Google already makes its own phones. It's called Nexus. So what would taking the manufacturer partnership out of the equation actually help?
At least once a year or so we get rumors about Google "building its own smartphone." That is, one not named Nexus, and presumably one without any sort of branding (and marketing support) from the usual manufacturing suspects.
The Information, citing "people who work at Google," raised the mostly toothless idea back in November 2015. "There is debate and discussion about the topic right now—as there is with myriad ideas at [Alphabet] ... But the fact the issue is on the table at all is noteworthy and shows how Google's Android strategy remains in flux."
Today, we've got another anonymously sourced pieced with the same sort of cliche headline and opening paragraph we typically see on this sort of thing.
From The Telegraph, under "Google to step up smartphone wars with release of own handset":
Google is planning a shake-up of the smartphone market by releasing its own handset, a move that would tighten its grip on mobile software and see it compete directly with the iPhone.
Let's be perfectly clear here — companies are always discussing doing all sorts of things. Some come to fruition. Others don't. If Google never discussed making an unbranded phone without the visible help of an established hardware partner, the folks running that end of things wouldn't be doing their jobs. It's not a very difficult proposition to come up with.
And The Telegraph ticks all the boxes of a piece trying to make a meal out of something while there's barely any meat on the bone. "Shake-up of the smartphone market?" "Tighten its grip on mobile software?" "Compete directly with the iPhone?"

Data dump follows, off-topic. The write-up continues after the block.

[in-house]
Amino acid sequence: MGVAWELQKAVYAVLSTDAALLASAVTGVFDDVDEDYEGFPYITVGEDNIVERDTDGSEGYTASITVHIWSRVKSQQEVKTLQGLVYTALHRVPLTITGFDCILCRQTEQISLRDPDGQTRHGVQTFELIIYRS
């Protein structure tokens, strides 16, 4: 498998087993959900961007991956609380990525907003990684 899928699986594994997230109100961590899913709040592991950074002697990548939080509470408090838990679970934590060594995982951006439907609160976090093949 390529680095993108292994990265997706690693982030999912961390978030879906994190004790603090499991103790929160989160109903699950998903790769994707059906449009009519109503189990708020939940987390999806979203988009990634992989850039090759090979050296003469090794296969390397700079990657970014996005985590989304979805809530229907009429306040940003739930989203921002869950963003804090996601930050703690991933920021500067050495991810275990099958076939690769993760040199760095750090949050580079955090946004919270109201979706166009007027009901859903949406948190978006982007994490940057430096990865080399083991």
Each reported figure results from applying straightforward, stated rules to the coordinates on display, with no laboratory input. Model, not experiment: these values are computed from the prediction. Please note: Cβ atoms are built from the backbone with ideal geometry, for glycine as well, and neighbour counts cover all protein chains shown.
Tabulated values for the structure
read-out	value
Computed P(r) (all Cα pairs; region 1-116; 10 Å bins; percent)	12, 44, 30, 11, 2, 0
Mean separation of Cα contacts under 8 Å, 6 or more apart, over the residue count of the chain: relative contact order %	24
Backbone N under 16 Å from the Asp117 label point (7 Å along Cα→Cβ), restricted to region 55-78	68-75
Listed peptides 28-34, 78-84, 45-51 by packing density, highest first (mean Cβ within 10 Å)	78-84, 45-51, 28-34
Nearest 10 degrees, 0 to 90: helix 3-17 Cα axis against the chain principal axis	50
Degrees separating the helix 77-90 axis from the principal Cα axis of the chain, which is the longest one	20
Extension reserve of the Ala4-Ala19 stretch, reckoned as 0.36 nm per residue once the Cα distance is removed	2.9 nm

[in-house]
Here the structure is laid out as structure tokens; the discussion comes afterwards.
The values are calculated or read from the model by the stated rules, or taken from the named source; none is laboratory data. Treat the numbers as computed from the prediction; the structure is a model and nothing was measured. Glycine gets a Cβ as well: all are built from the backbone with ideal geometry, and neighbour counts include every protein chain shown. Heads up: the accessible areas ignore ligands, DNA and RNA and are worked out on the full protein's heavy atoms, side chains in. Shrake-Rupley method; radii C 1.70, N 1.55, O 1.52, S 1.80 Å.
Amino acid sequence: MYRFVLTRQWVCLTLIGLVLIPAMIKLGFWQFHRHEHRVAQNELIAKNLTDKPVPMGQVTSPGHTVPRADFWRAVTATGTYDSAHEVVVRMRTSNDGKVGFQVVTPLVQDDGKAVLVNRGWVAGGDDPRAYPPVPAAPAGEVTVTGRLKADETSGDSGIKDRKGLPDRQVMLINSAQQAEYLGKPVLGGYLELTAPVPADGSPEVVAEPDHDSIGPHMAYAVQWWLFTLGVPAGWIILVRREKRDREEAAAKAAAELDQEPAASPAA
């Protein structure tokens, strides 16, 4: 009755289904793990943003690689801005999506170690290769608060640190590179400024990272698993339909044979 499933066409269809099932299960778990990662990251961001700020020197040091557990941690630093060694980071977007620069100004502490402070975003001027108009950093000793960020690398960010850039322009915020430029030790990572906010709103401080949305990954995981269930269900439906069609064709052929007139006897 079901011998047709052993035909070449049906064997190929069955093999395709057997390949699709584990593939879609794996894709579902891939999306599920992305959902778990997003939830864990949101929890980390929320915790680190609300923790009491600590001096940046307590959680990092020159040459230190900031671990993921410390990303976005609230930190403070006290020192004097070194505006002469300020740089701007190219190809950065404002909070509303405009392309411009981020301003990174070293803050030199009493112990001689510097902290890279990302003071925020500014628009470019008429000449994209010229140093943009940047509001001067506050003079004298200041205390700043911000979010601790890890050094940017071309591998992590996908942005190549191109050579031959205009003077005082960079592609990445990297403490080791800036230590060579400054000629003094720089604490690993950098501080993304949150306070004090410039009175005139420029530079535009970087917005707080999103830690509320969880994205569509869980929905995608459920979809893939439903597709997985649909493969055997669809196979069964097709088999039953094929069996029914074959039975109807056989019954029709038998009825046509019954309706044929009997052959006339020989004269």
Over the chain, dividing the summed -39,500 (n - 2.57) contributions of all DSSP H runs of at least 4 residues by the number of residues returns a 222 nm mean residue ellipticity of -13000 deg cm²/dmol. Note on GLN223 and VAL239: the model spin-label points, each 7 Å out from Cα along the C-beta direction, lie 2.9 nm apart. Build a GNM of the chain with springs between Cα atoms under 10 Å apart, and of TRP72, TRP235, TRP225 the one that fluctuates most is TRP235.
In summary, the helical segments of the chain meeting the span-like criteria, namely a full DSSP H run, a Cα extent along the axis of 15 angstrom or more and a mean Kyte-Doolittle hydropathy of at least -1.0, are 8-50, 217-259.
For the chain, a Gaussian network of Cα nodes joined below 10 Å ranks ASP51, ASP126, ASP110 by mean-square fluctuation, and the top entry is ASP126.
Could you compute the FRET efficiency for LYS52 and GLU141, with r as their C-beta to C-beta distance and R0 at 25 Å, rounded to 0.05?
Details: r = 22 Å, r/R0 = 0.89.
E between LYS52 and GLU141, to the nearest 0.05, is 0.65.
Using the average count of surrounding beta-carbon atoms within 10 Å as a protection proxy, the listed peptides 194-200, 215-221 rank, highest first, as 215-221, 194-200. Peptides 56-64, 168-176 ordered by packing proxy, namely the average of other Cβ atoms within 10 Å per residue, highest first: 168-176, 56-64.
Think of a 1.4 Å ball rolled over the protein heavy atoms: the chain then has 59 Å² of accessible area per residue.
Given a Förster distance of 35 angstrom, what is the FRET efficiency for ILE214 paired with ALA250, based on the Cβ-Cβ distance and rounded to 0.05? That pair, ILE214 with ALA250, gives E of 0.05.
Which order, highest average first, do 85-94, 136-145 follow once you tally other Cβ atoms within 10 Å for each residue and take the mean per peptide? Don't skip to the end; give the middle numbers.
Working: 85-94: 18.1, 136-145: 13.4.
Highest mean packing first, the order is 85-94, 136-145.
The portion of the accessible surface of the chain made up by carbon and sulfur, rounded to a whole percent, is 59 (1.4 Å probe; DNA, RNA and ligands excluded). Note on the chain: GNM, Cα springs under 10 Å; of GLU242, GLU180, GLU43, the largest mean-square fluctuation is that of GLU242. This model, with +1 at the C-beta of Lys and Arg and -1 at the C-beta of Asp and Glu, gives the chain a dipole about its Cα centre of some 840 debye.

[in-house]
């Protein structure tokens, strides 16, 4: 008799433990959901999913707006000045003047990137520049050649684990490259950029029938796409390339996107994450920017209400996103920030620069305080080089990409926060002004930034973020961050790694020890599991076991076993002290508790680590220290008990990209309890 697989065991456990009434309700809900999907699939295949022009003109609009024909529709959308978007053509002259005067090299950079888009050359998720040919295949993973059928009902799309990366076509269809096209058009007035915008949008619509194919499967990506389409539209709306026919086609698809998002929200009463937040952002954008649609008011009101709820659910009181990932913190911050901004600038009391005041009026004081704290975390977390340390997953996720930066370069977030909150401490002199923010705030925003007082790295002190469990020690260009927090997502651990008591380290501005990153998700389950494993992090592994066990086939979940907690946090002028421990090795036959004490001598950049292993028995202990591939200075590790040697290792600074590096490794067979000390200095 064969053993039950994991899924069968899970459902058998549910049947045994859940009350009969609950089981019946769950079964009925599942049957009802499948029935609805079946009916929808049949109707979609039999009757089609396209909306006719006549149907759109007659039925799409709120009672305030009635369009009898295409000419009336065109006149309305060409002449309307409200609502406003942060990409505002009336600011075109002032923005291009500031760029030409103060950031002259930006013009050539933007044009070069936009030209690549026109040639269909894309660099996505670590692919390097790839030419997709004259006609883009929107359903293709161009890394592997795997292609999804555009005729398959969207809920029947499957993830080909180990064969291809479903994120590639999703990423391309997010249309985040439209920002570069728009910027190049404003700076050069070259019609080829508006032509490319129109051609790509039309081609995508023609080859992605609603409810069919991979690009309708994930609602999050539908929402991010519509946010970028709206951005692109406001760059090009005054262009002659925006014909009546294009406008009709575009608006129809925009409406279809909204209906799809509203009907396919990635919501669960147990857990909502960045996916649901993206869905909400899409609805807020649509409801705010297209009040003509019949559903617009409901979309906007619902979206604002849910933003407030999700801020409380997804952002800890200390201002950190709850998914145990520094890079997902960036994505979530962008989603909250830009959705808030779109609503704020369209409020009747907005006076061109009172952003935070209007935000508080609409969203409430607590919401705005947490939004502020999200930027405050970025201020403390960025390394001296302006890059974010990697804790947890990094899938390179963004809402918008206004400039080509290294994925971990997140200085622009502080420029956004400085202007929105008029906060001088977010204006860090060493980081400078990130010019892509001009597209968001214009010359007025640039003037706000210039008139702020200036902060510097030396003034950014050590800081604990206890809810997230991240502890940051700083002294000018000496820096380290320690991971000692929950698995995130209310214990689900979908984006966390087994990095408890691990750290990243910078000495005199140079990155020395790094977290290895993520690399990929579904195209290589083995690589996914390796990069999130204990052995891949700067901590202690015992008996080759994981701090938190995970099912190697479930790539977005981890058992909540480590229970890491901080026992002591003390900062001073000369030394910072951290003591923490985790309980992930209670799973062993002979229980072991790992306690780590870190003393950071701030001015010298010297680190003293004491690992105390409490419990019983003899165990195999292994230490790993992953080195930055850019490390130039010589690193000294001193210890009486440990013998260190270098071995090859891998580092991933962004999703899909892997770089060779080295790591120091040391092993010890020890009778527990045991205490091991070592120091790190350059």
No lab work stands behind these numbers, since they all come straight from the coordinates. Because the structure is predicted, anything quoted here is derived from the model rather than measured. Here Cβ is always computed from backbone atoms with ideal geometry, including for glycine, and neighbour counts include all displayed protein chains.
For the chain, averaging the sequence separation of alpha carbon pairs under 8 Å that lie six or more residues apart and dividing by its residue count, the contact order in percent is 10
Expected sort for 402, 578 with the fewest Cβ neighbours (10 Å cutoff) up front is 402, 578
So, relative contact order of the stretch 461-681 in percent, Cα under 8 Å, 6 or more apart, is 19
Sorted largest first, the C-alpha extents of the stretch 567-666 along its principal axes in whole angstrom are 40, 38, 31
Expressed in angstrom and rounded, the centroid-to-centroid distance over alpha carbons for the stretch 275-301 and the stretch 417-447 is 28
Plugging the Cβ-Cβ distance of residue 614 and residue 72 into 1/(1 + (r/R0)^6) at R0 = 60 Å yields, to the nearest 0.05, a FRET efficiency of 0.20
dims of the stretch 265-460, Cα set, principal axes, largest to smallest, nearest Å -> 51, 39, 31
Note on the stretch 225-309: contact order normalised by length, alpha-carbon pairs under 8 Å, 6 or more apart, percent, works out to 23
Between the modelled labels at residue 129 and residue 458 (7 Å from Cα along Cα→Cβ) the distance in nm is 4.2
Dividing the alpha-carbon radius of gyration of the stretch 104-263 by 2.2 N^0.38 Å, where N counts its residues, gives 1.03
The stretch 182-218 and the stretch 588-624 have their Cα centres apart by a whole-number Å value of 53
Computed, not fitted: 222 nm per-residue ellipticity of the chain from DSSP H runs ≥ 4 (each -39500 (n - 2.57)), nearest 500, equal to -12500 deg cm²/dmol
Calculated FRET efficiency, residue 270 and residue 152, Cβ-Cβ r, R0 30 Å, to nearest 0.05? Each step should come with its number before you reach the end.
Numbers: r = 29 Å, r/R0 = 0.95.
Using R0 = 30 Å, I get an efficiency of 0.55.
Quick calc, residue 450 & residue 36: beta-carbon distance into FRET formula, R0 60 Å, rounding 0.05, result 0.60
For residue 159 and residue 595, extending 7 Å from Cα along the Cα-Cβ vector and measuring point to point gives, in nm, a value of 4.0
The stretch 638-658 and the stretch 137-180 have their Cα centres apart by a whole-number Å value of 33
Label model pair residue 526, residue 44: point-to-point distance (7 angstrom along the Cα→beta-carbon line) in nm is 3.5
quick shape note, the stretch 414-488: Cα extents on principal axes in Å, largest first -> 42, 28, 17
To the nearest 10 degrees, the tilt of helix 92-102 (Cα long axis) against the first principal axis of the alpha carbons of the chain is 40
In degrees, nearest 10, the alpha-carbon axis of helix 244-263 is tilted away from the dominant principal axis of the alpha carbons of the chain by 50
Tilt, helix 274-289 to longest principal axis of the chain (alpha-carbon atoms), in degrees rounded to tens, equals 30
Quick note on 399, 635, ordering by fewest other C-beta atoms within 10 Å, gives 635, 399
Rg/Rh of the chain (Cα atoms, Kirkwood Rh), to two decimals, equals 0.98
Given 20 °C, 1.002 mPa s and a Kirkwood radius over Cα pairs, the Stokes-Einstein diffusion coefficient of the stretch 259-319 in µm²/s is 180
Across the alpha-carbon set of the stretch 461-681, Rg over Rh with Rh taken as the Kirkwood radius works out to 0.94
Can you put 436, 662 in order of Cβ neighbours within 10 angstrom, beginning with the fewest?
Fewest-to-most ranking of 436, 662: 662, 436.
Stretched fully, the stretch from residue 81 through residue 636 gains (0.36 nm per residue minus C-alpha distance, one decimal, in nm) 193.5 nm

I don't know what the hell any of that means. The last phone to shake up the smartphone market was the iPhone. It's going to take something truly revolutionary to do it again. And Google simply "making its own phone" likely isn't it.
And how, pray tell, would an unbranded Google phone tighten Google's grip on open-sourced software? Nexus devices (and the Pixel C tablet) are direct targets of Google and the Android Open Source Project. (The software that Google actually ships with those phones is a little different, however, contains code different than what you or I could build for the Nexus phones. Welcome to open-source software.)
And "compete directly with the iPhone?" As opposed to what?
If Google really wants to 'control' Android, it needs to sell more of its phones. Not just give them a different brand.
None of that is to say that Google couldn't do it. Or that it won't. (Though it's our understanding that the Nexus program isn't going anywhere for a couple more years, at least.) But Google "building its own phone" would almost certainly still mean that it contracts with someone like Foxconn (or whitelabels a device from, say, Huawei or LG or HTC) to actually build the thing, as just about any other phone company does. And building a phone is a good bit different from building a tablet.
Nothing in The Telegraph piece gets anywhere close to addressing how a Google-branded phone would be anything beyond an exercise in rebranding. And there's absolutely no proof that simply switching from "Nexus" to "Google" would do anything to steal away marketshare from Samsung, which maintains a huge lead over pretty much everyone.
And Google's own Nexus phones already lead the way on software updates. That's (sadly) telling when some eight months after both the release of Android 6.x Marshmallow and the Nexus 5X and Nexus 6P, a mere 10% of all current devices (and that's including updated devices as as well as a handful of older Nexus phones) are on the most recent software. There simply aren't that many Nexus phones in the world when you take that sort of context into account. Is a rebranding really going to move that needle any more than a Nexus phone already doesn't move it?
Maybe Google's making some sort of non-Nexus smartphone. Maybe it's not. For sure it's been talked about at some point. And maybe it's all a behind-the-scenes thing, that it'd just be easier to not work with an established manufacturer that has its own hangups and ideas about how to do things.
But you can bet every last byte that if Google does "build its own phone" instead of building its own phone in partnership with an established manufacturer, it's going to be far more than tightening the software grip it already enjoys on the Nexus line.